23 Concerning Damascus.

“Hamath and Arpad are confounded,

for they have heard evil tidings;

they melt in fear, they are troubled like the sea

which cannot be quiet.

24Damascus has become feeble, she turned to flee,

and panic seized her;

anguish and sorrows have taken hold of her,

as of a woman in travail.

25How the famous city is forsaken,

the joyful city!

26Therefore her young men shall fall in her squares,

and all her soldiers shall be destroyed in that day,

says the Lord of hosts.

27And I will kindle a fire in the wall of Damascus,

and it shall devour the strongholds of Ben-haʹdad.”

28 Concerning Kedar and the kingdoms of Hazor which Nebuchadrezʹzar king of Babylon smote.

Thus says the Lord:

“Rise up, advance against Kedar!

Destroy the people of the east!

29Their tents and their flocks shall be taken,

their curtains and all their goods;

their camels shall be borne away from them,

and men shall cry to them: ‘Terror on every side!’

30Flee, wander far away, dwell in the depths,

O inhabitants of Hazor!

says the Lord.

For Nebuchadrezʹzar king of Babylon

has made a plan against you,

and formed a purpose against you.

31“Rise up, advance against a nation at ease,

that dwells securely,

says the Lord,

that has no gates or bars,

that dwells alone.

32Their camels shall become booty,

their herds of cattle a spoil.

I will scatter to every wind

those who cut the corners of their hair,

and I will bring their calamity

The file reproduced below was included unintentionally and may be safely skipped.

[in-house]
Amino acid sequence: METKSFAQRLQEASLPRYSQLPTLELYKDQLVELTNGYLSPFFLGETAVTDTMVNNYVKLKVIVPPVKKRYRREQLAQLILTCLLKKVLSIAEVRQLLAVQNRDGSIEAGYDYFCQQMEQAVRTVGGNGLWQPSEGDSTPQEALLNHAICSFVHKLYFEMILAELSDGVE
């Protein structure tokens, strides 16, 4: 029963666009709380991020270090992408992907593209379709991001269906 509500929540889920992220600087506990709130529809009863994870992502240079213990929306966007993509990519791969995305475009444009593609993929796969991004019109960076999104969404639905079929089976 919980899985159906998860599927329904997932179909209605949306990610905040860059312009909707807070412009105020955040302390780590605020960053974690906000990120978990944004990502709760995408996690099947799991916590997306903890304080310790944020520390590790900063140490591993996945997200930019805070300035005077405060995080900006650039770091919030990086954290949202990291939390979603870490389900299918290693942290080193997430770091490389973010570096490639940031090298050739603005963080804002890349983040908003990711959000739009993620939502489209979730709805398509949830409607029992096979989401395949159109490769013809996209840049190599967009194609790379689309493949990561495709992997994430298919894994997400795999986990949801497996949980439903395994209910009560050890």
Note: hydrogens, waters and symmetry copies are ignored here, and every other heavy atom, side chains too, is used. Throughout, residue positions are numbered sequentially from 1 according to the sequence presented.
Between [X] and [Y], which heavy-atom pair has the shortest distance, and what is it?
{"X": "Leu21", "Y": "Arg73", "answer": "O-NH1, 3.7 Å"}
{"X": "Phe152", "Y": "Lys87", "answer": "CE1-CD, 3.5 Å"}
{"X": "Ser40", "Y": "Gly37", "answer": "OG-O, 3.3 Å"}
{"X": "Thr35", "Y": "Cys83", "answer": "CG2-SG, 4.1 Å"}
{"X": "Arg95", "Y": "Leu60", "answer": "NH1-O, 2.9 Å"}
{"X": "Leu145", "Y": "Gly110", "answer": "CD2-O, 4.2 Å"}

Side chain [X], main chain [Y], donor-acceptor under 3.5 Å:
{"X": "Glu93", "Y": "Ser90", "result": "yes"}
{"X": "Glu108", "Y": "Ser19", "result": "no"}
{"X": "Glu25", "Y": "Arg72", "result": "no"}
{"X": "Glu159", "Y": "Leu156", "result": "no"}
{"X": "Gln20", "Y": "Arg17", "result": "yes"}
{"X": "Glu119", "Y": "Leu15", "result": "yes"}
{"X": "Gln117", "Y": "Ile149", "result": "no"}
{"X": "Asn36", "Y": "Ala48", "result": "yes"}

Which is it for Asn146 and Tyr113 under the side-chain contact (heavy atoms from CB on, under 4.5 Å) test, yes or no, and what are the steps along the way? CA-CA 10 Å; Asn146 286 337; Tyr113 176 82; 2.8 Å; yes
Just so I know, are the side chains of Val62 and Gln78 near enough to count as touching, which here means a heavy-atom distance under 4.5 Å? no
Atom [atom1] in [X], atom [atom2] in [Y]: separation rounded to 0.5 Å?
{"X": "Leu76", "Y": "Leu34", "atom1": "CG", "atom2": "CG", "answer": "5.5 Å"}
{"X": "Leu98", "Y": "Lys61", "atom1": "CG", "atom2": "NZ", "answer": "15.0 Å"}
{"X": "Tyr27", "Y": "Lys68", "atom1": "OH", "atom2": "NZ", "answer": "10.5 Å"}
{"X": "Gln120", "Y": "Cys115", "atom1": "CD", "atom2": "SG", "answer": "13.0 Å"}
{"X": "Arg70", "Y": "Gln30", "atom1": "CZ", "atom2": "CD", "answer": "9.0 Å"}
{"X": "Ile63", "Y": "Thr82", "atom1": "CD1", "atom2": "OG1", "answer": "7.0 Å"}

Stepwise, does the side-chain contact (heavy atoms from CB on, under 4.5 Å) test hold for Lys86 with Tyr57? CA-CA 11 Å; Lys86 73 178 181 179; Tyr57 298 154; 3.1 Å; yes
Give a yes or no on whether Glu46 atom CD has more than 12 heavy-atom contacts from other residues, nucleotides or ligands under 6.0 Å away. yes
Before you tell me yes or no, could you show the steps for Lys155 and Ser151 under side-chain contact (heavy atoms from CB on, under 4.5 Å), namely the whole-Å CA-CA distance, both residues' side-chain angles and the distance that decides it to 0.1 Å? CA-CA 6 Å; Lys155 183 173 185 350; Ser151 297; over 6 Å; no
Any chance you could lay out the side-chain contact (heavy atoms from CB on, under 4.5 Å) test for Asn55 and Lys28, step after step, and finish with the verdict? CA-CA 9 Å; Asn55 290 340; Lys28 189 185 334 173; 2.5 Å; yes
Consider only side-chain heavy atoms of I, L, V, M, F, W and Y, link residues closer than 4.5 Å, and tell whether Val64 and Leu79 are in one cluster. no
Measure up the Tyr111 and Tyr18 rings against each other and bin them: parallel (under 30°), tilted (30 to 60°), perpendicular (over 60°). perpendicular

from every side of them,

says the Lord.

33Hazor shall become a haunt of jackals,

an everlasting waste;

no man shall dwell there,

no man shall sojourn in her.”

34 The word of the Lord that came to Jeremiah the prophet concerning Elam, in the beginning of the reign of Zedekiʹah king of Judah.

35 Thus says the Lord of hosts: “Behold, I will break the bow of Elam, the mainstay of their might; 36and I will bring upon Elam the four winds from the four quarters of heaven; and I will scatter them to all those winds, and there shall be no nation to which those driven out of Elam shall not come. 37I will terrify Elam before their enemies, and before those who seek their life; I will bring evil upon them, my fierce anger, says the Lord. I will send the sword after them, until I have consumed them; 38and I will set my throne in Elam, and destroy their king and princes, says the Lord.

39 “But in the latter days I will restore the fortunes of Elam, says the Lord.”